UPDATE 1-Brazil court to try Lula on Angola corruption charges
(Adds details of Petrobras investigation, recent charges)
By Maria Carolina Marcello
BRASILIA Oct 13 (Reuters) - A federal judge in Brazil ruled on Thursday that former President Luiz Inacio Lula da Silva will stand trial for an alleged bribery scheme related to work by construction giant Odebrecht in Angola.
It's the second time in less than a month that a federal judge has ruled that Lula, a two-term president who left office in 2011 as Brazil's most popular president with an 83-percent approval rating, must stand trial.
Lula faces allegations of corruption, money laundering and obstruction of justice related to a sprawling kickback scheme at state-run oil company Petrobras, which prosecutors allege he orchestrated for more than a decade.
Thursday's decision by Judge Vallisney Oliveira in Brasilia centers on allegations Lula and others took 30 million reais ($9.3 million) in bribes to help win low-interest financing from the BNDES development bank for Odebrecht projects in Angola. Lula's lawyers denied the accusations.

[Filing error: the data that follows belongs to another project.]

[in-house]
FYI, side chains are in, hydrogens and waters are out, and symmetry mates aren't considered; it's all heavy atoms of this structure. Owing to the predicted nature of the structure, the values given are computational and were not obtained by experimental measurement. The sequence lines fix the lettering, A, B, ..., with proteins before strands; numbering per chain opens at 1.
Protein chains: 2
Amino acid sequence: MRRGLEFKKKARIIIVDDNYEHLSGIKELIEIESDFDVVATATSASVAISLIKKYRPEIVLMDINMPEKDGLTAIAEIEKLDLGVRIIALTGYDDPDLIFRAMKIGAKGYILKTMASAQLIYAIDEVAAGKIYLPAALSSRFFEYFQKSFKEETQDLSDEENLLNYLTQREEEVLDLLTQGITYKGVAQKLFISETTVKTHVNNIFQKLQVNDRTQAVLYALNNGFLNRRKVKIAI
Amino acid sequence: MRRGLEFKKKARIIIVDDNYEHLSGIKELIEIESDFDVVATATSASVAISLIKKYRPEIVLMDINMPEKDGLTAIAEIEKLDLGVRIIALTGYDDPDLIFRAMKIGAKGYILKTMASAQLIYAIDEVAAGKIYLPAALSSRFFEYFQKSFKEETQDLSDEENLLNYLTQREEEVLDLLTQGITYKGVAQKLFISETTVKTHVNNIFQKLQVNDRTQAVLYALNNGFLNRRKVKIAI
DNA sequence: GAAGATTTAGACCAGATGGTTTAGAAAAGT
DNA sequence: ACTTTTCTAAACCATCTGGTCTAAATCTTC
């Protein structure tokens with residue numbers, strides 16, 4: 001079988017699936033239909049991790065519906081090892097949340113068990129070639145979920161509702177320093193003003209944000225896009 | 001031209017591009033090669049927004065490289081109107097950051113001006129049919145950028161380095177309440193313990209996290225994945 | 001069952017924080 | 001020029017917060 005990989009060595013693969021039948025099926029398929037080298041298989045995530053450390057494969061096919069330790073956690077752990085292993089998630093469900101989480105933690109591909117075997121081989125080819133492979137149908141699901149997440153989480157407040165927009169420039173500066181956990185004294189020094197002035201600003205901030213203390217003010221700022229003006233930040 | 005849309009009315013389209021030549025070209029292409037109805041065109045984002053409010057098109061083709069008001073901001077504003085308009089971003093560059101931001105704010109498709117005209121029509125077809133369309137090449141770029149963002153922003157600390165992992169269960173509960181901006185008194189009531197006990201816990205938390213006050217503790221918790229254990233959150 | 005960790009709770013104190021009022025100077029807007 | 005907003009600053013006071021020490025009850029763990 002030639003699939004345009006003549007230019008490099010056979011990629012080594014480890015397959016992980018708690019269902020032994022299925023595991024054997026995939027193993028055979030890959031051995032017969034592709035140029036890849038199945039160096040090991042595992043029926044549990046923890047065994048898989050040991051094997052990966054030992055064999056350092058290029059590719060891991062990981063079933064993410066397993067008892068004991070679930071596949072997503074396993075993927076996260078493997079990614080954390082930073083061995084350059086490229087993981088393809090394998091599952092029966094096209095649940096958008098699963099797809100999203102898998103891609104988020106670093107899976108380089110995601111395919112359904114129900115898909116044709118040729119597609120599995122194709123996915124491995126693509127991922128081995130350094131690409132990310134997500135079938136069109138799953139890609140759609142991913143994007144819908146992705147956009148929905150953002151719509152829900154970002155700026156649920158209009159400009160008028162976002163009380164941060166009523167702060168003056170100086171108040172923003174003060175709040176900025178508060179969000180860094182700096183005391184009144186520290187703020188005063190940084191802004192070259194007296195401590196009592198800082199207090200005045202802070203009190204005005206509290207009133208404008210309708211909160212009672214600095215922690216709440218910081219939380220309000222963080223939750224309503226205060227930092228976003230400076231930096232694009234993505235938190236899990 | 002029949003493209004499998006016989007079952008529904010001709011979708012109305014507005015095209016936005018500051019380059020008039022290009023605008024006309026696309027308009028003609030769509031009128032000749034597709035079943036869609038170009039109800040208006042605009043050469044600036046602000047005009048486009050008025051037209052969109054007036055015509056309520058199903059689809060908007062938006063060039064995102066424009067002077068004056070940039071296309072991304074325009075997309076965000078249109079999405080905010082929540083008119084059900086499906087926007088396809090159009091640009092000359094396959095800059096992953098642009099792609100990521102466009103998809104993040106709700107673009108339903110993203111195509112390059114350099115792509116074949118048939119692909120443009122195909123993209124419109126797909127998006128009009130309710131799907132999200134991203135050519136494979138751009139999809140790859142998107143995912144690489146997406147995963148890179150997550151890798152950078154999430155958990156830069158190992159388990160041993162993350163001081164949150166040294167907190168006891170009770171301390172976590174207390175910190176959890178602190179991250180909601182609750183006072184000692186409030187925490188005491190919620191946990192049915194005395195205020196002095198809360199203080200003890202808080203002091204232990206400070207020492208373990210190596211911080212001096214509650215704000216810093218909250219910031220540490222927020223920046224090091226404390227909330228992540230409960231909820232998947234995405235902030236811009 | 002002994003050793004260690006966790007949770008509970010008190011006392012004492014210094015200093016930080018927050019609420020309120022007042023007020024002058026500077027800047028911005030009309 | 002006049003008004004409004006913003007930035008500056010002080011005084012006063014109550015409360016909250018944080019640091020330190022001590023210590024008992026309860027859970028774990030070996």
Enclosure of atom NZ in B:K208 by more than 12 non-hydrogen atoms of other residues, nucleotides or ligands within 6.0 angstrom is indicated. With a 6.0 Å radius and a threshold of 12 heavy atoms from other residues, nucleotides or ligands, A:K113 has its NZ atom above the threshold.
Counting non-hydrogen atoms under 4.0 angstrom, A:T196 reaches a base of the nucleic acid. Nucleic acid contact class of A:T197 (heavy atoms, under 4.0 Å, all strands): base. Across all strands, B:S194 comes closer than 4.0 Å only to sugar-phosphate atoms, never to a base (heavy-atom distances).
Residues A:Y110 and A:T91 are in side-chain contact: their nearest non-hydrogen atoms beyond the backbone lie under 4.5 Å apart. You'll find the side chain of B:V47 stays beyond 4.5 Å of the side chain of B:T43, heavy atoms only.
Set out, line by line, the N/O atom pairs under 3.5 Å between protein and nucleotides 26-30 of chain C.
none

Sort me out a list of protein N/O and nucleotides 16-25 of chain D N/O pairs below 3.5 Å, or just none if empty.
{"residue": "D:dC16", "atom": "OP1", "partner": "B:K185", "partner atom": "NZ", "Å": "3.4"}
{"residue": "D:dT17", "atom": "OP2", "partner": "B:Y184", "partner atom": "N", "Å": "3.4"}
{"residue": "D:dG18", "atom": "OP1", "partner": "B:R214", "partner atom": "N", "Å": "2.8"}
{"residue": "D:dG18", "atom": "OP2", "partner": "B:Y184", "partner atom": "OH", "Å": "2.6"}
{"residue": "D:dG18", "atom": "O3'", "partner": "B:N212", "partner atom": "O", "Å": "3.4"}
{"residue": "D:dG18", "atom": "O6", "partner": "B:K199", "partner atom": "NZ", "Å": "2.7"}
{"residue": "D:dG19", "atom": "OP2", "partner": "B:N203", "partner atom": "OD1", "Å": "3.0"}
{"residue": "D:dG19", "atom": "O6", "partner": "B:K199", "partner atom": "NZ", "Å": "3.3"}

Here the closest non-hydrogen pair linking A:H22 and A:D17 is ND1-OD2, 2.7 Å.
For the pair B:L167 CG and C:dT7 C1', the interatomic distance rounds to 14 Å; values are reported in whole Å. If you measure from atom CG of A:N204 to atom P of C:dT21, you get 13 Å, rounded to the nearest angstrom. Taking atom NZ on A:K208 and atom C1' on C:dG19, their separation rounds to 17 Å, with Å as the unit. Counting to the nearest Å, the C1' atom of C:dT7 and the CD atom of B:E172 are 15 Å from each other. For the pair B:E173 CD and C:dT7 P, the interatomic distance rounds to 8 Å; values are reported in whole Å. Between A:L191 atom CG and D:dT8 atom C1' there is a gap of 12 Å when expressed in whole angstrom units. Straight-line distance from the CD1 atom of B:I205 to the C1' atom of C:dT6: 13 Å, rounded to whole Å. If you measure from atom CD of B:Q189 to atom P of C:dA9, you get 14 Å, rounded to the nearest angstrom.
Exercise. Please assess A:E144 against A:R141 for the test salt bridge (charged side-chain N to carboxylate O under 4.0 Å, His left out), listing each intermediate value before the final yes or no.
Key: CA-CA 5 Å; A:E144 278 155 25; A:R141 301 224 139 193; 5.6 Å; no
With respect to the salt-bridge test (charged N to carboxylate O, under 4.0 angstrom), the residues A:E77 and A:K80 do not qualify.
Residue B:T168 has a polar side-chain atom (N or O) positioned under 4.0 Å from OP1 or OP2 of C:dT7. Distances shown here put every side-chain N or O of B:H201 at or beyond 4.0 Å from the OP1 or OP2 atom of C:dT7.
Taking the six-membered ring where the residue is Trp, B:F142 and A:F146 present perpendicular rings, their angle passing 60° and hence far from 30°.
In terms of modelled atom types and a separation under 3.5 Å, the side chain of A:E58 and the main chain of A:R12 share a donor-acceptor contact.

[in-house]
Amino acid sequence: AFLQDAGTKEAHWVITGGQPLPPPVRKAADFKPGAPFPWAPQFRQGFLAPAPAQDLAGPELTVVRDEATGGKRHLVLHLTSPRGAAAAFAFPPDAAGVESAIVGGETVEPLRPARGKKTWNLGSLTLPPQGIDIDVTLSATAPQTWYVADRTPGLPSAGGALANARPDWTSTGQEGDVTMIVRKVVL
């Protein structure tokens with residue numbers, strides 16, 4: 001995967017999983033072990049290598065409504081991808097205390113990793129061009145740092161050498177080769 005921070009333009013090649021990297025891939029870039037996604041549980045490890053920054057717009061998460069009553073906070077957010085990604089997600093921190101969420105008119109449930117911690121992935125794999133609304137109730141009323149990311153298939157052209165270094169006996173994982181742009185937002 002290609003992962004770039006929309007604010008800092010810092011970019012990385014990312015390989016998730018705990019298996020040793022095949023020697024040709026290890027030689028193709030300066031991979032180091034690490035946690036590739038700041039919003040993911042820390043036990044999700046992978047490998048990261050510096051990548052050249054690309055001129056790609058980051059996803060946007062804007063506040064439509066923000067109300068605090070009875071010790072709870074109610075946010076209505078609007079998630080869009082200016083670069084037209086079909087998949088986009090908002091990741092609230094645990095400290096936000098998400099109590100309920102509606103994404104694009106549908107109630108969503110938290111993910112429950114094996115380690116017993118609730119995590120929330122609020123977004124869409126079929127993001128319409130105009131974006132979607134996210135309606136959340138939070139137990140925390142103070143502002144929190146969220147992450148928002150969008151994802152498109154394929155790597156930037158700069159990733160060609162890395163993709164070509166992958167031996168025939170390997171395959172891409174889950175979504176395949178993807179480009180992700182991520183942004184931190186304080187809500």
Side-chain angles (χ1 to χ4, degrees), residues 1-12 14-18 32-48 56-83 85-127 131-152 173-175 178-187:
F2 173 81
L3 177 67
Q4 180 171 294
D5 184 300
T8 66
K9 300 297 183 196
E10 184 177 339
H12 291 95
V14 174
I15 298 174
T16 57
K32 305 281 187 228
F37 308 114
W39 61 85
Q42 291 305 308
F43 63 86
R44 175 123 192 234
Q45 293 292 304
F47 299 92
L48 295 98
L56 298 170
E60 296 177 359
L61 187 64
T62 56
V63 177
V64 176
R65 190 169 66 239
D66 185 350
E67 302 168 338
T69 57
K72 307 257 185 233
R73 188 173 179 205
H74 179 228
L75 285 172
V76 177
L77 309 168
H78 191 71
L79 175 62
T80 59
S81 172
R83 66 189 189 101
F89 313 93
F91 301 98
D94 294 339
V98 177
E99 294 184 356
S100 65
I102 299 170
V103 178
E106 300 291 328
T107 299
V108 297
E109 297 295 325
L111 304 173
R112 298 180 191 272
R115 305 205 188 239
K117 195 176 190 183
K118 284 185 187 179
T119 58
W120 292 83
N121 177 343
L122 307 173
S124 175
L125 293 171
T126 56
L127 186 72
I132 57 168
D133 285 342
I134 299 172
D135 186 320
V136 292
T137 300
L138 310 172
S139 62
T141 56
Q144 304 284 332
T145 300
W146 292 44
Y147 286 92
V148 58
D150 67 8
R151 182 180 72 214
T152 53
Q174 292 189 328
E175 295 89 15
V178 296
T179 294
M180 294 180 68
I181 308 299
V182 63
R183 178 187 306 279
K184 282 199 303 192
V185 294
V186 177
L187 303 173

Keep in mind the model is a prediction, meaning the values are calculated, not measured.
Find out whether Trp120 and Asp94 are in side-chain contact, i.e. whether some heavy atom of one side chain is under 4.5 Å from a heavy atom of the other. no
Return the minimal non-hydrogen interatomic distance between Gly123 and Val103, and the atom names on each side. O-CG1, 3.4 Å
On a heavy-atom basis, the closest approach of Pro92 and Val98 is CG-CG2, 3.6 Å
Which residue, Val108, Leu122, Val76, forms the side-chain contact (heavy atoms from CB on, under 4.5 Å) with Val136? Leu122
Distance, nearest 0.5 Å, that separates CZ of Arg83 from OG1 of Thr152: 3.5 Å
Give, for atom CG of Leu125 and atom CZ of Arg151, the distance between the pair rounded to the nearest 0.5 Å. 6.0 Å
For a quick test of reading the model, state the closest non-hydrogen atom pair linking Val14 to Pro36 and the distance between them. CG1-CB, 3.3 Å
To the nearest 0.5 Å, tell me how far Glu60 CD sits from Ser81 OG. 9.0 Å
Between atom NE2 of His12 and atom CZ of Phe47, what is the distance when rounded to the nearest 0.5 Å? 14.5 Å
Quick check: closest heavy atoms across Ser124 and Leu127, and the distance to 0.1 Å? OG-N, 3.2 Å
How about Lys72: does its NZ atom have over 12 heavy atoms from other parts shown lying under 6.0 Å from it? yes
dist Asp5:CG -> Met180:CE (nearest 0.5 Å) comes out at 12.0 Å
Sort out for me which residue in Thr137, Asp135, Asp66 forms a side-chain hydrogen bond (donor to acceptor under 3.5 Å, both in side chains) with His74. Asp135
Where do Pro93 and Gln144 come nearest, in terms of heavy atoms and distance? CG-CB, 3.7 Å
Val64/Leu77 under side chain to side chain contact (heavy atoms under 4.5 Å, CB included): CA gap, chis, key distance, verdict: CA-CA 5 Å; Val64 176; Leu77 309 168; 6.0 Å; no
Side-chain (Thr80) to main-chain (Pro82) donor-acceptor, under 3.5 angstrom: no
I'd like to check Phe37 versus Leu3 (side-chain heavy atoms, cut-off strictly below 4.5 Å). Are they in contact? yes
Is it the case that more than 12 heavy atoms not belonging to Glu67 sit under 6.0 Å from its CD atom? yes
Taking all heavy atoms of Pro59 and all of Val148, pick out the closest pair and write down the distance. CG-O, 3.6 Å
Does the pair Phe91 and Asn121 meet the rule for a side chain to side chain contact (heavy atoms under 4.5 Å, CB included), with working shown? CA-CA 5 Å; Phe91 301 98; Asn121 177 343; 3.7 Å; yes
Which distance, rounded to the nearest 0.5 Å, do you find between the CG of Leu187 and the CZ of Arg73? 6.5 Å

Last month, Judge Sergio Moro ruled that Lula would stand trial on charges he was a "direct beneficiary" of 3.7 million reais in bribes from OAS SA, one of the engineering and construction firms at the center of the graft scandal.
Separately, Moro decided on Thursday to try Eduardo Cunha, former speaker of the lower house of Congress, for his alleged role in the Petrobras corruption scandal.
As speaker, Cunha led the successful drive to impeach former President Dilma Rousseff for breaking budgetary rules - a move Rousseff and her supporters call a "coup" in retaliation for her not trying to quash the aggressive Petrobras investigation.
Rousseff, who served as the chairwoman of the Petrobras board for several years as the kickback scheme played out, is being investigated for obstruction of justice in the graft probe, but has not been charged with any crimes.
($1 = 3.22 Brazilian reais) (Reporting by Maria Carolina Marcello; Additional reporting by Brad Brooks and Tatiana Ramil in Sao Paulo; Editing by Sandra Maler)
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